New Breed! And breeds to come.

This week we welcomed Giant Schnauzers to BetterBred! We are excited to see many of the community picking up on our powerful online breeding software and already doing test breedings. What did the Giant analysis find?


UC Davis released the report on Giant Schnauzers on Tuesday 5/8/18. You can read the full report here. But below we will discuss some highlights!


As many of you know, UC Davis analyzes both individuals and the breed as a whole. The measurement they use is called  internal relatedness or IR. The more inbred the dog, the higher (more positive +) the IR. The more negative (-) the more outbred a dog. How inbred is the typical Giant Schnauzer?

 “IR scores ranged from a low of -0.181 (parents least related) to a high of 0.486 (parents most related), with a mean (average) value of 0.047. Therefore, one fourth of the population had IR scores from -0.041 to -0.181, and one fourth +0.139 to 0.486. …… IR values show that there are three populations among the 133 Giant Schnauzers, one quarter containing individuals from very unrelated parents, one half with parents of average relatedness, and one fourth with parents that are quite related.”

What does that mean? Well, it shows that a portion of the population has high inbreeding values, while others have been successfully outbred. This indicates value for breeders to use our software suite to reassure them that their “outcross is really an outcross” or if their linebreeding is too close.

Image copyright UC Regents, used with permission

Biodiversity in the breed

Biodiversity?! What?

Biodiversity basically means that a population has lots of different types of genes at each tested locus. Diverse populations tend to be healthier overall, with lower inbreeding, so we want to establish how much each breed has, and whether it is well dispersed. The Giant Schnauzer breed as a whole has a lot of maintained diversity!

From the report “Giant Schnauzers possess 43% of the genetic diversity still present among indigenous dogs. This value is like many other pure breeds of dogs.

So while Giant Schnauzers have lost some diversity, they overall compare well with many breeds and should strive to maintain the existing diversity they have.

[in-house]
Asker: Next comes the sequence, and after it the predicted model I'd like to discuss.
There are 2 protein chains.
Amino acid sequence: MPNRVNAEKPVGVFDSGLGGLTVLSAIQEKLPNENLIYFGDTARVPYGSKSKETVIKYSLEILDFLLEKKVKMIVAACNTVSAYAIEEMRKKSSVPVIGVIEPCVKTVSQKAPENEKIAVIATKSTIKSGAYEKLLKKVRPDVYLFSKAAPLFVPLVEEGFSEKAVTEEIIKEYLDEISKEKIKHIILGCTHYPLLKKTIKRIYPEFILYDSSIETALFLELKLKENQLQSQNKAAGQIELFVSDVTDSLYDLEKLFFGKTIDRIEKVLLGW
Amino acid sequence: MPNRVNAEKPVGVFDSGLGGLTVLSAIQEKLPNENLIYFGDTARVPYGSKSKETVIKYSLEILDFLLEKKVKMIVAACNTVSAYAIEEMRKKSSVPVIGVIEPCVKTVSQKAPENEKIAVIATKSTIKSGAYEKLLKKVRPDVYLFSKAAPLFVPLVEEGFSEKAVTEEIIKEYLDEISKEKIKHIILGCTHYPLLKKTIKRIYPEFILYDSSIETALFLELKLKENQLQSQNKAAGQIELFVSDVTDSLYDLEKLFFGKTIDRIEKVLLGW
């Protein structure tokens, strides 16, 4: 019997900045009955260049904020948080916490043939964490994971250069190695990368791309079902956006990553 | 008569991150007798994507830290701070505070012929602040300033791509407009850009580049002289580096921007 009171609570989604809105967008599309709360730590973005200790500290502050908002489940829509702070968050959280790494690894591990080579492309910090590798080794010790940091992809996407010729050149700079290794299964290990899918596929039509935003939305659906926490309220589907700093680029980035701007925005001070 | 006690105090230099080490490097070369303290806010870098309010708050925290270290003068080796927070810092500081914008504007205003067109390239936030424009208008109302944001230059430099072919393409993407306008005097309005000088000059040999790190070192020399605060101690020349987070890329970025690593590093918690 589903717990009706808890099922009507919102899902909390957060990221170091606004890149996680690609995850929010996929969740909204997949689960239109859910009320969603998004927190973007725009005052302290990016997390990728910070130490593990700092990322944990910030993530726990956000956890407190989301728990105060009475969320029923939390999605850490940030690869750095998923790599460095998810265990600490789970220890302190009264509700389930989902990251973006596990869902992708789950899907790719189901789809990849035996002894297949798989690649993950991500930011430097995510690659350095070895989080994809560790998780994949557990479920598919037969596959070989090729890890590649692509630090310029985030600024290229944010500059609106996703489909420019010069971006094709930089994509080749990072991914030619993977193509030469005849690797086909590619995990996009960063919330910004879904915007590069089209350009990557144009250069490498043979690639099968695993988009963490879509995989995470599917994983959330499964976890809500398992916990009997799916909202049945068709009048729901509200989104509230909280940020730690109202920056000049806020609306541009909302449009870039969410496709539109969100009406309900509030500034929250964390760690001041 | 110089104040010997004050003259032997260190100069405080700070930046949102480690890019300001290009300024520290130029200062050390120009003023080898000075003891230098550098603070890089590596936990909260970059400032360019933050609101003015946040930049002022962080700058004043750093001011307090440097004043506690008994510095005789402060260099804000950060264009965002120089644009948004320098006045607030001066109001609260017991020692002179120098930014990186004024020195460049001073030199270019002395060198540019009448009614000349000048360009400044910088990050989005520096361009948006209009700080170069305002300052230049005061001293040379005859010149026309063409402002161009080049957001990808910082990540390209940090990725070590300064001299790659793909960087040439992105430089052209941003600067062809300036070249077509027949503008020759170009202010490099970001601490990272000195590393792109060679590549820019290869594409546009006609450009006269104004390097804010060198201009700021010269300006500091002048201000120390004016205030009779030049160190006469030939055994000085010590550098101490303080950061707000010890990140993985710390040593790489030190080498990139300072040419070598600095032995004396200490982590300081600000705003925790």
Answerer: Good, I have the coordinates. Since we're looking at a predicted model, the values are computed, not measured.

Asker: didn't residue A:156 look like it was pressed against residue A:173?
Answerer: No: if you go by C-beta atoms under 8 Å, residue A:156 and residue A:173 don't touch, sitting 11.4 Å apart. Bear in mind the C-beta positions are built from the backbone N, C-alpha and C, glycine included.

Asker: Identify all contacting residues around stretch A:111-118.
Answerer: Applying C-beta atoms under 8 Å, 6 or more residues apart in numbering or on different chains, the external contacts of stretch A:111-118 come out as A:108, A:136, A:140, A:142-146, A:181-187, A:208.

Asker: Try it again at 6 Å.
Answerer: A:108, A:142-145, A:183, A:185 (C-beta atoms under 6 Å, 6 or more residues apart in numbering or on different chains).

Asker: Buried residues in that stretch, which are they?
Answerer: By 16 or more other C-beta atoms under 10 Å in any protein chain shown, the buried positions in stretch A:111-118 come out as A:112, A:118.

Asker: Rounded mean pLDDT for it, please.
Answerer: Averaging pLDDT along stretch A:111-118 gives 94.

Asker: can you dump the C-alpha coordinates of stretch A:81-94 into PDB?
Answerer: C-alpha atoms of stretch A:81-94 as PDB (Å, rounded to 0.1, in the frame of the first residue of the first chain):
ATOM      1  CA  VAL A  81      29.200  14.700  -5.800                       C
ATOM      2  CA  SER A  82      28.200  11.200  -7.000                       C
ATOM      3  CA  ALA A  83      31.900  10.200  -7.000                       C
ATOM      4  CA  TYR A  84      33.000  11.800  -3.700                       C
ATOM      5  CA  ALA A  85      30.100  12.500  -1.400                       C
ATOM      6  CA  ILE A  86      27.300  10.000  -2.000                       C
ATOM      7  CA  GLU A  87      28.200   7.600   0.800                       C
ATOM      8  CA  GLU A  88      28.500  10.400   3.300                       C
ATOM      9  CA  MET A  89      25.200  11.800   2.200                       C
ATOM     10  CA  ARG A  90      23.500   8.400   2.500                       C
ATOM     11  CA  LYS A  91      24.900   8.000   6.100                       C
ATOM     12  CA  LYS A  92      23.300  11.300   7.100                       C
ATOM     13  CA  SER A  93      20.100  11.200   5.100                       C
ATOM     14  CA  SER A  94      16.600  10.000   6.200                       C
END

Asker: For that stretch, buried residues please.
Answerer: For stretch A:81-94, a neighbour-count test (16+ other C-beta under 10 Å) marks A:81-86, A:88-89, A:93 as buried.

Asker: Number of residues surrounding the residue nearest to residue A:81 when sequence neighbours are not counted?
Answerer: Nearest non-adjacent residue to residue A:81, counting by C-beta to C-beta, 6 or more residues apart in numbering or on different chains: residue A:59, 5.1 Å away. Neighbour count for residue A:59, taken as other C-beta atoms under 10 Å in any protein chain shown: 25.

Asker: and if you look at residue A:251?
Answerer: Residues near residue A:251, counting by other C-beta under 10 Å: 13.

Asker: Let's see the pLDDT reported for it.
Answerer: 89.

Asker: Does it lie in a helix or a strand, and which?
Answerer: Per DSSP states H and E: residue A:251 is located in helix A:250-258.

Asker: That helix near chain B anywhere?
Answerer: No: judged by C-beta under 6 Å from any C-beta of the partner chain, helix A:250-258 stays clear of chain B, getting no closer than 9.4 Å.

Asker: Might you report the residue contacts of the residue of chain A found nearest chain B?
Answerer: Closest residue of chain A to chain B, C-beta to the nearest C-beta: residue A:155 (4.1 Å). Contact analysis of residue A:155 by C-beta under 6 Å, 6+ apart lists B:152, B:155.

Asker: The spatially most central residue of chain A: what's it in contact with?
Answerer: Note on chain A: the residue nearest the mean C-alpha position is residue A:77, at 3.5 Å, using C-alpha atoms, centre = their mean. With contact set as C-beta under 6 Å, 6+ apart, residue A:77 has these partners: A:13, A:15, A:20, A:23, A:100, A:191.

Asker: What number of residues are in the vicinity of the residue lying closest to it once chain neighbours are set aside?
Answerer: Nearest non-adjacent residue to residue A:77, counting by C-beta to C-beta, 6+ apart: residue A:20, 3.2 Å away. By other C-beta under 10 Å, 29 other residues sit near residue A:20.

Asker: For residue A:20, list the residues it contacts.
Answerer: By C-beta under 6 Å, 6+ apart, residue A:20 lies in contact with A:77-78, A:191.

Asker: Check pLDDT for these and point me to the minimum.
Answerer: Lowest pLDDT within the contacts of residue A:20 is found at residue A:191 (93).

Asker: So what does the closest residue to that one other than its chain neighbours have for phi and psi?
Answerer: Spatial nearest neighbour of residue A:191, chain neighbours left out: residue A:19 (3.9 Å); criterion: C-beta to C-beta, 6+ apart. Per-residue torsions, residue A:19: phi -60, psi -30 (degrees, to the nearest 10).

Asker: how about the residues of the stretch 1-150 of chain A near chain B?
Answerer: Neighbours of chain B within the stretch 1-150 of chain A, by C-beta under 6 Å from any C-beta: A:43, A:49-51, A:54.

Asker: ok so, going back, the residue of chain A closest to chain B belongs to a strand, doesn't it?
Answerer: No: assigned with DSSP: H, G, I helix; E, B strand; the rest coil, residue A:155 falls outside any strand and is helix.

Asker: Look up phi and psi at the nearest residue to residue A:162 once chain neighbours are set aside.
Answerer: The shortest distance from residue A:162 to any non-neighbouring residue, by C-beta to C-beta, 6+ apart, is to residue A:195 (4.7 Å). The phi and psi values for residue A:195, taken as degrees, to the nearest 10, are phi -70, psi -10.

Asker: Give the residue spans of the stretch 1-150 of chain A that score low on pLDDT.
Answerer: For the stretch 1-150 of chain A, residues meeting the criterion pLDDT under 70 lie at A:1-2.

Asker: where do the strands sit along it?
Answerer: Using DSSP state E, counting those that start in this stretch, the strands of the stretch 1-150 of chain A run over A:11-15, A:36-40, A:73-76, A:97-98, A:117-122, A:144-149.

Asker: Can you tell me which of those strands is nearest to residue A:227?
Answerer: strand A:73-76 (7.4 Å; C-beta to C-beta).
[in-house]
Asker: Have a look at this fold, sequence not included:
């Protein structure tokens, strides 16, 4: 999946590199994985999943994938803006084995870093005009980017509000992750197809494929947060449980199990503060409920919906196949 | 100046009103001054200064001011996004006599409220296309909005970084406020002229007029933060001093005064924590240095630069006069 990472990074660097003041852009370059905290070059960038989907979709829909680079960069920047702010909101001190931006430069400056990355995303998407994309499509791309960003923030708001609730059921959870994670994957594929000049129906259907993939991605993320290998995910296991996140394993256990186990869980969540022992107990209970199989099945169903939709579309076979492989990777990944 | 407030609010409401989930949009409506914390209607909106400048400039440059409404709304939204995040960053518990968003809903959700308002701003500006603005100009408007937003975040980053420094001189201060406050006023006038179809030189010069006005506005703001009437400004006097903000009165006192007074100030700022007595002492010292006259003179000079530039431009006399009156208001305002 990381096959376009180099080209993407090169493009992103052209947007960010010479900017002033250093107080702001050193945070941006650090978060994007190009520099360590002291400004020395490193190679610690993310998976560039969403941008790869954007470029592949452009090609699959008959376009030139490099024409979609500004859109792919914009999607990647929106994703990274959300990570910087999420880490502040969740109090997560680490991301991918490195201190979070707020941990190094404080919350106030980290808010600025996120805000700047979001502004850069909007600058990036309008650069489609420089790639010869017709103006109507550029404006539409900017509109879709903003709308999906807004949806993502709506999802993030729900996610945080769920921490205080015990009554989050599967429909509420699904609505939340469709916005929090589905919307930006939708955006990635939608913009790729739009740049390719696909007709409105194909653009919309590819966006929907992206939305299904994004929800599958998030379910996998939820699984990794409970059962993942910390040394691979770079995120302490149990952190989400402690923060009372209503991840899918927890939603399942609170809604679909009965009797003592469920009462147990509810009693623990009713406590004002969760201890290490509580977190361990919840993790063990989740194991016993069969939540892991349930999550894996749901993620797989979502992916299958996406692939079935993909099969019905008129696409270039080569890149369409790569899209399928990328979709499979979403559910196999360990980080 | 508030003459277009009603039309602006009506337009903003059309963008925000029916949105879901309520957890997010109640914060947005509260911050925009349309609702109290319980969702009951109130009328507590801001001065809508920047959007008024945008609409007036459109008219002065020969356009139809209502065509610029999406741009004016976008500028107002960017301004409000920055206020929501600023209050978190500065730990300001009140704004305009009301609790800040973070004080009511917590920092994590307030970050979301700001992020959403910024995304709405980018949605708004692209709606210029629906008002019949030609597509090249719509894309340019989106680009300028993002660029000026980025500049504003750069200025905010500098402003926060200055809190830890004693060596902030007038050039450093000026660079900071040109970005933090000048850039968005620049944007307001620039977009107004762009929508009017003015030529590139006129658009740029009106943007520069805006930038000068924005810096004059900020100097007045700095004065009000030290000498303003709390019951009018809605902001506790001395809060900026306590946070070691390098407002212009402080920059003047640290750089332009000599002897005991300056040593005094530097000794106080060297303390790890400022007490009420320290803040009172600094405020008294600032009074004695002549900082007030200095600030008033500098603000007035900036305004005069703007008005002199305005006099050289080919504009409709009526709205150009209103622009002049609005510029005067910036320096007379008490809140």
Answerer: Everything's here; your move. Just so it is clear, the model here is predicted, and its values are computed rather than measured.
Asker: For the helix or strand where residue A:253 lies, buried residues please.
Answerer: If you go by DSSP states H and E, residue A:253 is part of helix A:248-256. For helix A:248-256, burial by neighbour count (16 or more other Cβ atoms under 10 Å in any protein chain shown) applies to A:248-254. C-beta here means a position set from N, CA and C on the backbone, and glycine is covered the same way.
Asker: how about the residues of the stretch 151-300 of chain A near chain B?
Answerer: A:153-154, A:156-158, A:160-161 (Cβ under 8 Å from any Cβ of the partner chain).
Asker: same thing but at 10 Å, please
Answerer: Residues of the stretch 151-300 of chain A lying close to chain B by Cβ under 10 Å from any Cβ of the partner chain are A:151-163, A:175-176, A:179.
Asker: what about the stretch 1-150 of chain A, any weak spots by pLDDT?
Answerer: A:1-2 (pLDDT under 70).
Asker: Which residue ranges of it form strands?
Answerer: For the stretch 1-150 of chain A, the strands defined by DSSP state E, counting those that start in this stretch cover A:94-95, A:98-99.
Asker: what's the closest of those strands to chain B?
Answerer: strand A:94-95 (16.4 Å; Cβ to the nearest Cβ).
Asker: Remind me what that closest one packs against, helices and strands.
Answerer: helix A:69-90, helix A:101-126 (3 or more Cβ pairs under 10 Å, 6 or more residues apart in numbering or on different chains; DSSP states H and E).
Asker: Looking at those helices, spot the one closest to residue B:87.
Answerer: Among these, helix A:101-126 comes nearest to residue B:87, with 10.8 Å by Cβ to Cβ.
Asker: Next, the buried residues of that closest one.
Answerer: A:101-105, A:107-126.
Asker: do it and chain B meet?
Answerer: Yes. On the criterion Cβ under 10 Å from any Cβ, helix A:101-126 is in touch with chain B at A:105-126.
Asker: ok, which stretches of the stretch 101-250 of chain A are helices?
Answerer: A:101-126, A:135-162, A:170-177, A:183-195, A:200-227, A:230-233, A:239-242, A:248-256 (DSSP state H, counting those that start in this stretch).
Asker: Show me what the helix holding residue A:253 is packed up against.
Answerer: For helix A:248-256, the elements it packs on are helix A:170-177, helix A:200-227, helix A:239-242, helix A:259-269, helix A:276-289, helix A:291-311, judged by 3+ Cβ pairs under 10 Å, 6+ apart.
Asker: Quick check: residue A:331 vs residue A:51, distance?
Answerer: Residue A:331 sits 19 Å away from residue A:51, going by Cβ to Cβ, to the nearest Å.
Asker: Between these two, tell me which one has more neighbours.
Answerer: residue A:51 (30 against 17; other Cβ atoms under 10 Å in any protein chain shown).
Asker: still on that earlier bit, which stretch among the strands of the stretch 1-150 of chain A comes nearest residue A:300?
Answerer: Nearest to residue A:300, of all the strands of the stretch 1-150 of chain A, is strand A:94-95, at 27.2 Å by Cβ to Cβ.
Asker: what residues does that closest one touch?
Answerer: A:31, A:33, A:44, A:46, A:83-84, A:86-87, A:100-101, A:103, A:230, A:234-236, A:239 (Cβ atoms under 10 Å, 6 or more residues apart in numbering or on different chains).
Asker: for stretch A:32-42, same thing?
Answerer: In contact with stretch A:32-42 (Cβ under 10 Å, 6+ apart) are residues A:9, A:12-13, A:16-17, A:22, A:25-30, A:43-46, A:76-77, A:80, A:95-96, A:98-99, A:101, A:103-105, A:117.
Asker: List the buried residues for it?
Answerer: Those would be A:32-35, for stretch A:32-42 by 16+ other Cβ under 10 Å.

However, it has also been found that certain alleles are carried by the majority, like many other breeds. This indicates that the breed may have a bottleneck, so breeders should strive to maintain and redistribute those alleles. We will know more once more dogs are tested.

A single allele is found to be shared by one-third to one-half or more of the dogs. A single allele at locus LEI004 and REN105L03 occured at a frequency of 82 and 91%, respectively, indicating a region of the genome that has been under strong positive selection since founding of the breed“.

Image copyright UC Regents, used with permission


Pepper Salt and Black Giants have been maintained like separate breeds!

We knew going in to the analysis that most Pepper Salts and Black Giant Schnauzers were not bred together. For the first time ever, though, UC Davis found significant genetic differences due to color. The breed has a split between Pepper Salt and Black Giant Schnauzers. 



DLA – Dog Leukocyte Antigen: a look at the dog’s immune system!

Giant Schnauzers have been found to have a lot of different DLA types among them! 14 Class 1 types and 15 Class 2 types.

“The three most common DLA class I haplotypes are 1014 (0.252), 1092 (0.233) and 1159 (0.173) and are collectively found in 66% of the dogs. The three most common DLA class II haplotypes are 2006 (0.162), 2037 (0.320), 2050 (0.165) and occur collectively in 65% of dogs.”

Dr. Pedersen made some very interesting observations of the different types:

“Many of the DLA class I and II haplotypes found in Giant Schnauzers are also found in several other breeds at low frequency (Table 6). However, the major 1014 DLA class I haplotype (0.252) is also very common in the Alaskan Klee Kai (0.366), which was unexpected. The common 1092 DLA class I haplotype is very common in the Black Russian Terrier and Japanese Akita, which might be expected. The DLA class II 2006 haplotype is common in both Giant Schnauzer (0.162) and the Magyar Agar (0.240), while the 2037 (0.320) haplotype is common in Alaskan Klee Kai (0.377), Black Russian Terrier (0.289), American (0.165) and Japanese Akita (0.261). The dominant 2050 haplotype (0.320) is found in many breeds at low frequency.”

We are excited to work with the Giant Schnauzer community we’ve grown to know over the last several months in the research phase!

What other new breeds just finished their research phase and will receive results soon?

Toy Poodles and Swedish Vallhunds have both finished their research phases and will be joining the team soon!